Effective since January of 2014, the Anti-Corruption Law (Law No. 12,846/13) has built a legacy of changes in corporate culture over the past five years. The scenario today is very different from the one observed at the beginning of its enactment, when corruption risks seemed far from the corporate reality, and companies still saw megaoperations of the Federal Police and the Public Prosecutor’s Office as episodes restricted to political agents.
The law has brought companies to the center of legal accountability for acts of corruption and investigations (in particular Operation Car Wash) have spread the idea that integrity risks are too great to be ignored by top management, which has given rise to a race to implement compliance mechanisms and procedures.
Although beneficial, this movement is often erratic. Often, companies are lost in a sea of legal uncertainties, derived, in part, from the absence of a legal framework. Such uncertainty can cause inaction, as in the case of leniency agreements (discussed in a prior article), in addition to risks, as occurs in internal investigations.
Corporate investigations are a primary part of a compliance program, which must rely on three basic principles: prevention, detection, and response to integrity risks. In this sense, a program that has preventive policies will be able to detect problems, which if ignored, can cause the program to become ineffective, in addition to exposing executives and managers to even greater risks arising from their inertia.
This fact is not ignored by business owners, compliance and legal officers, who in recent years have increasingly resorted to corporate investigations in cases of corruption, internal fraud, competitive issues, and labor problems (such as harassment), among others, to guide their decisions or prepare the defense of the company in an investigative or punitive proceeding.
The problem, however, is that corporate investigations are a relatively new subject in Brazil and, because they involve complex multidisciplinary and technical issues, they need to be conducted by skilled and experienced professionals in order to avoid the risk of increasing the problems instead of solving them.
Nevertheless, even for experienced corporate investigators, Brazil’s scenario presents challenges. The absence of legal guidelines fuels uncertainties and demands frequent use of foreign legislation and market practices in order to respond to questions from clients and partners.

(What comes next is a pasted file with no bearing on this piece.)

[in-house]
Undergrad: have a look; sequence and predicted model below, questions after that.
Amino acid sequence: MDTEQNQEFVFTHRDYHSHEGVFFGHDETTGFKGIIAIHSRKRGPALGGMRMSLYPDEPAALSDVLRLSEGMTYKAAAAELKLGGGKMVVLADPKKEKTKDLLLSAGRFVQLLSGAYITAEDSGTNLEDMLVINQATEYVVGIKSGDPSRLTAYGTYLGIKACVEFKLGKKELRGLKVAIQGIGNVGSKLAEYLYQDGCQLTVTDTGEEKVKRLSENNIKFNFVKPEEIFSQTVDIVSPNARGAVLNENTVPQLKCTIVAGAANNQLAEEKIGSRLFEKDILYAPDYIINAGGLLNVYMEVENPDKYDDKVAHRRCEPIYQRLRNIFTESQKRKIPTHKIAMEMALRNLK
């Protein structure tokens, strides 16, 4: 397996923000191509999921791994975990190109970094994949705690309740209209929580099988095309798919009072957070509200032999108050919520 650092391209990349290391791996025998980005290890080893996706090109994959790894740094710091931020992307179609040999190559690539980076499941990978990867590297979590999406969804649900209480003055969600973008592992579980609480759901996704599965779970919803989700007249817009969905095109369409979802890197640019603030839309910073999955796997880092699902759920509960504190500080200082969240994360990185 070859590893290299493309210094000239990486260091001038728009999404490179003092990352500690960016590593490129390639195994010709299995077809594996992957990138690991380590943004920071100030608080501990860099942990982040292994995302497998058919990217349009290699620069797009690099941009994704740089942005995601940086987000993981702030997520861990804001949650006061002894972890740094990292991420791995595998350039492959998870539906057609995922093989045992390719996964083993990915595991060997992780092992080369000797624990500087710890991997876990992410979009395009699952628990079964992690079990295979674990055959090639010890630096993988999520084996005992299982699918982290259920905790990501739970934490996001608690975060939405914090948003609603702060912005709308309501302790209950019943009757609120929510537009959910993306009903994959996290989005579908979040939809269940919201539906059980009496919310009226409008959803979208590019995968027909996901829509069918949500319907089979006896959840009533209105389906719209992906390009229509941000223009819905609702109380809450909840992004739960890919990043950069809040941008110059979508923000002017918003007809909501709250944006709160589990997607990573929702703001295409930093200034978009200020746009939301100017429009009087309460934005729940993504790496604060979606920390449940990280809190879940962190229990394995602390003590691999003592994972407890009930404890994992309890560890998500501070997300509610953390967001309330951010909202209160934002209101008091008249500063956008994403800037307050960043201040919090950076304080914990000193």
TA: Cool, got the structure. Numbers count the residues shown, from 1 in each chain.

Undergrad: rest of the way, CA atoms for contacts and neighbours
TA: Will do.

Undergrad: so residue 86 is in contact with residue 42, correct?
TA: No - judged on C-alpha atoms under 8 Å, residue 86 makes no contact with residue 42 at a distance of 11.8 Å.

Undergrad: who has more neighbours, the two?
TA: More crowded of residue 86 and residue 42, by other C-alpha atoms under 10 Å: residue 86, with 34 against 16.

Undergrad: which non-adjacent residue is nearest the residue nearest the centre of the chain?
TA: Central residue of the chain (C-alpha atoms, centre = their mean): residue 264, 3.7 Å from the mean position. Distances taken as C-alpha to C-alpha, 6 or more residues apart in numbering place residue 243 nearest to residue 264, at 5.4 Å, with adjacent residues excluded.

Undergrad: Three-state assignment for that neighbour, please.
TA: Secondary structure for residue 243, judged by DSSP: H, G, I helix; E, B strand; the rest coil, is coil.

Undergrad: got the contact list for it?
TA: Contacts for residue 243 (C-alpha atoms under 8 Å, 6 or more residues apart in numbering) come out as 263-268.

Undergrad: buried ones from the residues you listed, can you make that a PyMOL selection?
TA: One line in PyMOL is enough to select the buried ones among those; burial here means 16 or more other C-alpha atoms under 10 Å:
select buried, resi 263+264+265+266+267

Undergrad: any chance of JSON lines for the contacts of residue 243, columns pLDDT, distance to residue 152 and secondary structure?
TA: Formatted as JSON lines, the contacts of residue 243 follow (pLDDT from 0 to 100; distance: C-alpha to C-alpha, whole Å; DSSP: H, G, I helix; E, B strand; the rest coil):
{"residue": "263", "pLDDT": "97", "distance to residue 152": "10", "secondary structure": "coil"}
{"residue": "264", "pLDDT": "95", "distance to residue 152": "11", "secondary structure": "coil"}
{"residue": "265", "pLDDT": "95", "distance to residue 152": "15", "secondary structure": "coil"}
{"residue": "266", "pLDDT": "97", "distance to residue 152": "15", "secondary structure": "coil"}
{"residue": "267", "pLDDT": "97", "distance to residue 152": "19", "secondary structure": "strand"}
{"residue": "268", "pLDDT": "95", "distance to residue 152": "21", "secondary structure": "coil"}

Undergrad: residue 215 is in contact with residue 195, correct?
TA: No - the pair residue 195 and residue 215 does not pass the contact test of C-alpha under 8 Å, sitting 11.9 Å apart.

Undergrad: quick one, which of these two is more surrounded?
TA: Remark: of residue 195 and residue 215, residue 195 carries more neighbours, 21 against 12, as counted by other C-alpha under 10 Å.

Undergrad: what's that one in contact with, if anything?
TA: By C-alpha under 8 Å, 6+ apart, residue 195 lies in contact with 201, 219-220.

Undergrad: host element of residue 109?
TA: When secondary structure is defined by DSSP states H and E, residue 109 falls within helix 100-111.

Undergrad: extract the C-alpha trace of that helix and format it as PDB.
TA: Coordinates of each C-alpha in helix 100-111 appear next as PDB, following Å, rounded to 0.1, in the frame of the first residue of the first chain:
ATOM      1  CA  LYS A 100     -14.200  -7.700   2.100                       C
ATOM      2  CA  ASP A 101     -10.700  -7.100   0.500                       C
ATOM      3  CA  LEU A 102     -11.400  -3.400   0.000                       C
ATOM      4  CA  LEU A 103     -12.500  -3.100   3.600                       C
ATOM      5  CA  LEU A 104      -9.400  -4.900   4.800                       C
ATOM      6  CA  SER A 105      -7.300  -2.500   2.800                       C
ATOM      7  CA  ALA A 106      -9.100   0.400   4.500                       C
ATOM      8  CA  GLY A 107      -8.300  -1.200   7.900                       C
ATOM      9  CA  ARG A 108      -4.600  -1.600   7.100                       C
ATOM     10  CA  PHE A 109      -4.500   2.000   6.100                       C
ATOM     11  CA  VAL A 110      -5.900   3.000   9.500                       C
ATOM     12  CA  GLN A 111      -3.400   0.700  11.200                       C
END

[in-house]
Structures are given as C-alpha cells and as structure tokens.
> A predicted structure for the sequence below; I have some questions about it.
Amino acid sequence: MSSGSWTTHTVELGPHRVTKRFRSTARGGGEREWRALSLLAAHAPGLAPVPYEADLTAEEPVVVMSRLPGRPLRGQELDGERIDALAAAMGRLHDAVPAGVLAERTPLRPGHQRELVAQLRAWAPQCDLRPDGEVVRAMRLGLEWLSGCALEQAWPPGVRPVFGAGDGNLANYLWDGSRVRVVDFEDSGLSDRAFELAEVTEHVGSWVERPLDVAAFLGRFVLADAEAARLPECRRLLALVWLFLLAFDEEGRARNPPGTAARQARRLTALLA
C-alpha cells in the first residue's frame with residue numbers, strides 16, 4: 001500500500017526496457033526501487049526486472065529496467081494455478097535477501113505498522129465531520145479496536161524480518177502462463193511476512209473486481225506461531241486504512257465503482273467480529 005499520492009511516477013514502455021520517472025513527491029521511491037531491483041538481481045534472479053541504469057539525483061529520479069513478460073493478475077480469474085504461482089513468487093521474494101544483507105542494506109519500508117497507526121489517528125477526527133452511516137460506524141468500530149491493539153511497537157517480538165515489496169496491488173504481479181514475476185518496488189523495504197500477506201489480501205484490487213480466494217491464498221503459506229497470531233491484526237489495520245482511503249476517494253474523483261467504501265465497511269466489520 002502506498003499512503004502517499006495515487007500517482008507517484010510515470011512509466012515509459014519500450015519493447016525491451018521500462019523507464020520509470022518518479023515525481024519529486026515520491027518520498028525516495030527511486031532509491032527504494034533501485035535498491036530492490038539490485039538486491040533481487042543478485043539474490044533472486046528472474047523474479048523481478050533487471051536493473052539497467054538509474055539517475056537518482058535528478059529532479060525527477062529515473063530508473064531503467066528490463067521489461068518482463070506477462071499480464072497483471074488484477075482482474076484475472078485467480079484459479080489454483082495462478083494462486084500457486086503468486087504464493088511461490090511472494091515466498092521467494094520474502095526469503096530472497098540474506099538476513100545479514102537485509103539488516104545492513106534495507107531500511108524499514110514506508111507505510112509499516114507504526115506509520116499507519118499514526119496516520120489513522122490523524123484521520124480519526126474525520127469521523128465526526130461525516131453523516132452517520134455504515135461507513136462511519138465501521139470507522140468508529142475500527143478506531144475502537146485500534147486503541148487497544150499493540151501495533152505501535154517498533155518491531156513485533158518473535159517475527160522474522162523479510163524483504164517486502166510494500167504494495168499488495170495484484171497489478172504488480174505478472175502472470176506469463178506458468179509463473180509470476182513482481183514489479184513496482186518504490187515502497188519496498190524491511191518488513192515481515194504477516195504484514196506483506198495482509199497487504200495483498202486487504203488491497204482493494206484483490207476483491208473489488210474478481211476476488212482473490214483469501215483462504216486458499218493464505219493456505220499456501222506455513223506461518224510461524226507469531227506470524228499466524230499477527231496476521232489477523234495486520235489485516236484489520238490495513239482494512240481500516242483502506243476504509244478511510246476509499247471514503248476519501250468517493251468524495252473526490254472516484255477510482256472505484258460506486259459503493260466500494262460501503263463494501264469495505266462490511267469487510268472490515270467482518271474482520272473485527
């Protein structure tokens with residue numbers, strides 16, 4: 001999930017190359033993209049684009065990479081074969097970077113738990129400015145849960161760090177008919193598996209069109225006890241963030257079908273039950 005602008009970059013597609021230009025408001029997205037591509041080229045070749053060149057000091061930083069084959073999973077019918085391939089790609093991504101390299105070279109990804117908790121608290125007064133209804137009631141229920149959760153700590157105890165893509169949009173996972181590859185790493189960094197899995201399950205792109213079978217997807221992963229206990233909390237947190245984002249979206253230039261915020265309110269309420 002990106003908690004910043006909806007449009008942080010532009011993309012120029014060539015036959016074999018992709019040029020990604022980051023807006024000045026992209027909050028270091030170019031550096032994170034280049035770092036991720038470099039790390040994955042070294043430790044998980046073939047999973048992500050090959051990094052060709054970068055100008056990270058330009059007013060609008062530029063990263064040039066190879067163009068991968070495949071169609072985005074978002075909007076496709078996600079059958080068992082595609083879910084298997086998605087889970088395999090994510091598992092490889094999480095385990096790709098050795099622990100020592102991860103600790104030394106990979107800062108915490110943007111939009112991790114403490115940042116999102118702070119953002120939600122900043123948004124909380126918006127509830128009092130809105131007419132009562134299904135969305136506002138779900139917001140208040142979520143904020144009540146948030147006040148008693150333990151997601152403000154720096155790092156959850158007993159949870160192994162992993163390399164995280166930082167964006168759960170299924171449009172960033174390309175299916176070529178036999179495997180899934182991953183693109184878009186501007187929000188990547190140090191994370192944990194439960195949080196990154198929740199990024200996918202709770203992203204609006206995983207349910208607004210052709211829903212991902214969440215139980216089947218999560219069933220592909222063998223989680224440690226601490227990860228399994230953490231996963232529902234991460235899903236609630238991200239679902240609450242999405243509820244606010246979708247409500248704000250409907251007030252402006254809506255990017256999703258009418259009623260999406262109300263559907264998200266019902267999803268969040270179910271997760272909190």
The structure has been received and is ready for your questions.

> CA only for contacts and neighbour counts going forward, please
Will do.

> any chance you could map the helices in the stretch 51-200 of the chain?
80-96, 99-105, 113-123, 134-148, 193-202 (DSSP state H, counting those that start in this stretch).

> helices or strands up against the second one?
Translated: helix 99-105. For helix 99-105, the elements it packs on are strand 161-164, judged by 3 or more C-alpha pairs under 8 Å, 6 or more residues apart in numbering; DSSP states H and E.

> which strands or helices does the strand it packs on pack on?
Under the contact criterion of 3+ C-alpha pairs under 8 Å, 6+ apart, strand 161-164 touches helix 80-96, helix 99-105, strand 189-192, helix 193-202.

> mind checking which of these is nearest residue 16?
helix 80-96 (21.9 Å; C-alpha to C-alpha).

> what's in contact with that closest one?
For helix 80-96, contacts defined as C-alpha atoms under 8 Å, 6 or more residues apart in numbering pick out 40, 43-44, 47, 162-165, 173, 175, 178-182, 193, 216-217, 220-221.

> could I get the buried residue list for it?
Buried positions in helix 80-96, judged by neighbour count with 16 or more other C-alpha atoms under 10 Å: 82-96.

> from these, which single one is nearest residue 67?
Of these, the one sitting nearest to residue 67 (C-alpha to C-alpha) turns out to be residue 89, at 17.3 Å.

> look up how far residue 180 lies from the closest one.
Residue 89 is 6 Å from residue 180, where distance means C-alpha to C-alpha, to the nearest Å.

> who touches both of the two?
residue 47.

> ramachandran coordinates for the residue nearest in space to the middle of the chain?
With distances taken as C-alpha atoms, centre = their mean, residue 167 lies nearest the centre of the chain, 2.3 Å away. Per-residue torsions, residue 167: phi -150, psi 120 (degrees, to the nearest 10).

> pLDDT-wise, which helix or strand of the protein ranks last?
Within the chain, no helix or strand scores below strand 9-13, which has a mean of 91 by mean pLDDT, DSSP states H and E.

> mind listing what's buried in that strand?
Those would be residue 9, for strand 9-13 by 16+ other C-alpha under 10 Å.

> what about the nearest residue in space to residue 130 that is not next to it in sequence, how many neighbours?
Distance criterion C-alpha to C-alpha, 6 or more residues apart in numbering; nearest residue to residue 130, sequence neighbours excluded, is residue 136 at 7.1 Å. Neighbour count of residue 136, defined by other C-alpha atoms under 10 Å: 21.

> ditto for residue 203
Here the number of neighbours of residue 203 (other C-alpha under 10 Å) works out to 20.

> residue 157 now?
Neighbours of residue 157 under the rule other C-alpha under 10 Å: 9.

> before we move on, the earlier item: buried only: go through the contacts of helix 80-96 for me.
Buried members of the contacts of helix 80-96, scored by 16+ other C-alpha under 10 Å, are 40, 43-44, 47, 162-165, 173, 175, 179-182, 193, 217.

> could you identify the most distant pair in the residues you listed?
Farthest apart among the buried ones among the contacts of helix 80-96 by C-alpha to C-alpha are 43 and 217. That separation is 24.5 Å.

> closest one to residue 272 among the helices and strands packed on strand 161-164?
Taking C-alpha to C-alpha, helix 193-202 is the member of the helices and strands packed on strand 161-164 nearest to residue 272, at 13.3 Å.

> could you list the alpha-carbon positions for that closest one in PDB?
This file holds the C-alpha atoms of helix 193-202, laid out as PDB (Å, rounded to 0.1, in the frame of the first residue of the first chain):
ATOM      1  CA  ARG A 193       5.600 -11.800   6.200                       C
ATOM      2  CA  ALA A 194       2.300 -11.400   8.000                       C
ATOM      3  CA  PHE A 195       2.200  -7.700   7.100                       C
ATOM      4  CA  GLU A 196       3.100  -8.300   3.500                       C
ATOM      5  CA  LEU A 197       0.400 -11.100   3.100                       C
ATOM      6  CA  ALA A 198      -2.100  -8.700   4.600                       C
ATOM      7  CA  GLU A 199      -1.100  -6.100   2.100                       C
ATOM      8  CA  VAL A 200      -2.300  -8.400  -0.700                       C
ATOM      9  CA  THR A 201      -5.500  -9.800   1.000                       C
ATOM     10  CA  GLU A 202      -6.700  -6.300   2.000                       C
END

Therefore, the approval of Provision No. 188/2018 of the Federal Board of the Brazilian Bar Association (OAB) came at a good time, being that it regulates the exercise of the lawyer's professional prerogative to carry out investigative diligence/procedures.
Although it does not have the strength and definitive nature of a statute and is still highly generic, it assists in drawing up a first normative outline capable of bringing legal certainty to lawyers involved in the investigation of breaches of integrity in the corporate environment and, especially, for their clients.
The provision defined the institute of defensive investigations as the "complex of activities of an investigative nature carried out by a lawyer, with or without the assistance of technical consultants or other legally qualified professionals at any stage of criminal prosecution, proceeding, or degree of jurisdiction, in order to obtain elements for the establishment of a lawful body of evidence, for the protection of their clients’ rights."
This definition comprises relevant issues. The first of those is that, although it focuses on the regulations of an investigation as a counterpoint to a potential criminal prosecution, the provision also includes in its conception any investigation conducted by a lawyer that seeks to gather evidence for the protection of a client’s rights.
This means that any corporate investigation conducted by a lawyer may be included in the concept of the provision, since its primary objective will always be to seek elements of information that allow clients to thoroughly know a fact that may affect their rights, for example, to negotiate a leniency agreement, defend themselves in a sanctioning proceeding, or seek indemnification for damages caused by employees or third parties.
The provision establishes that corporate investigations are activities exclusive to attorneys and, recognizing their multilateral and multidisciplinary nature, provides for the role of technical consultants, exemplified in the text as "experts, technicians, and fieldwork assistants."
Experience in corporate investigation cases shows that the presence of lawyers is relevant for the outcome and confidentiality of the work, but that just as corporate investigations conducted without lawyers generally lose out in terms of organization, technique, utility, and legal certainty, those performed only by lawyers can sometimes end up being incomplete.
Good corporate investigation lawyers should be specialized technical experts and excellent project managers, but they also need to be able to identify where they need specialized help, which is often the case with technology and forensic accounting services.
In this sense, the inclusion of the role of technical consultants in the provision may be its most relevant aspect, especially as it extends to those professionals the right and duty to confidentiality, pointing out that, as advisors to a lawyer, they "do not have the duty to inform the competent authority of the facts investigated” and that "any report and disclosure of the result of the investigation shall require the express consent of the client."
Such protection is fundamental not only for the proper professional practice of the consultants (for whom the absence of confidentiality brings about profound risk exposure) but also for the security of clients who engage the investigation.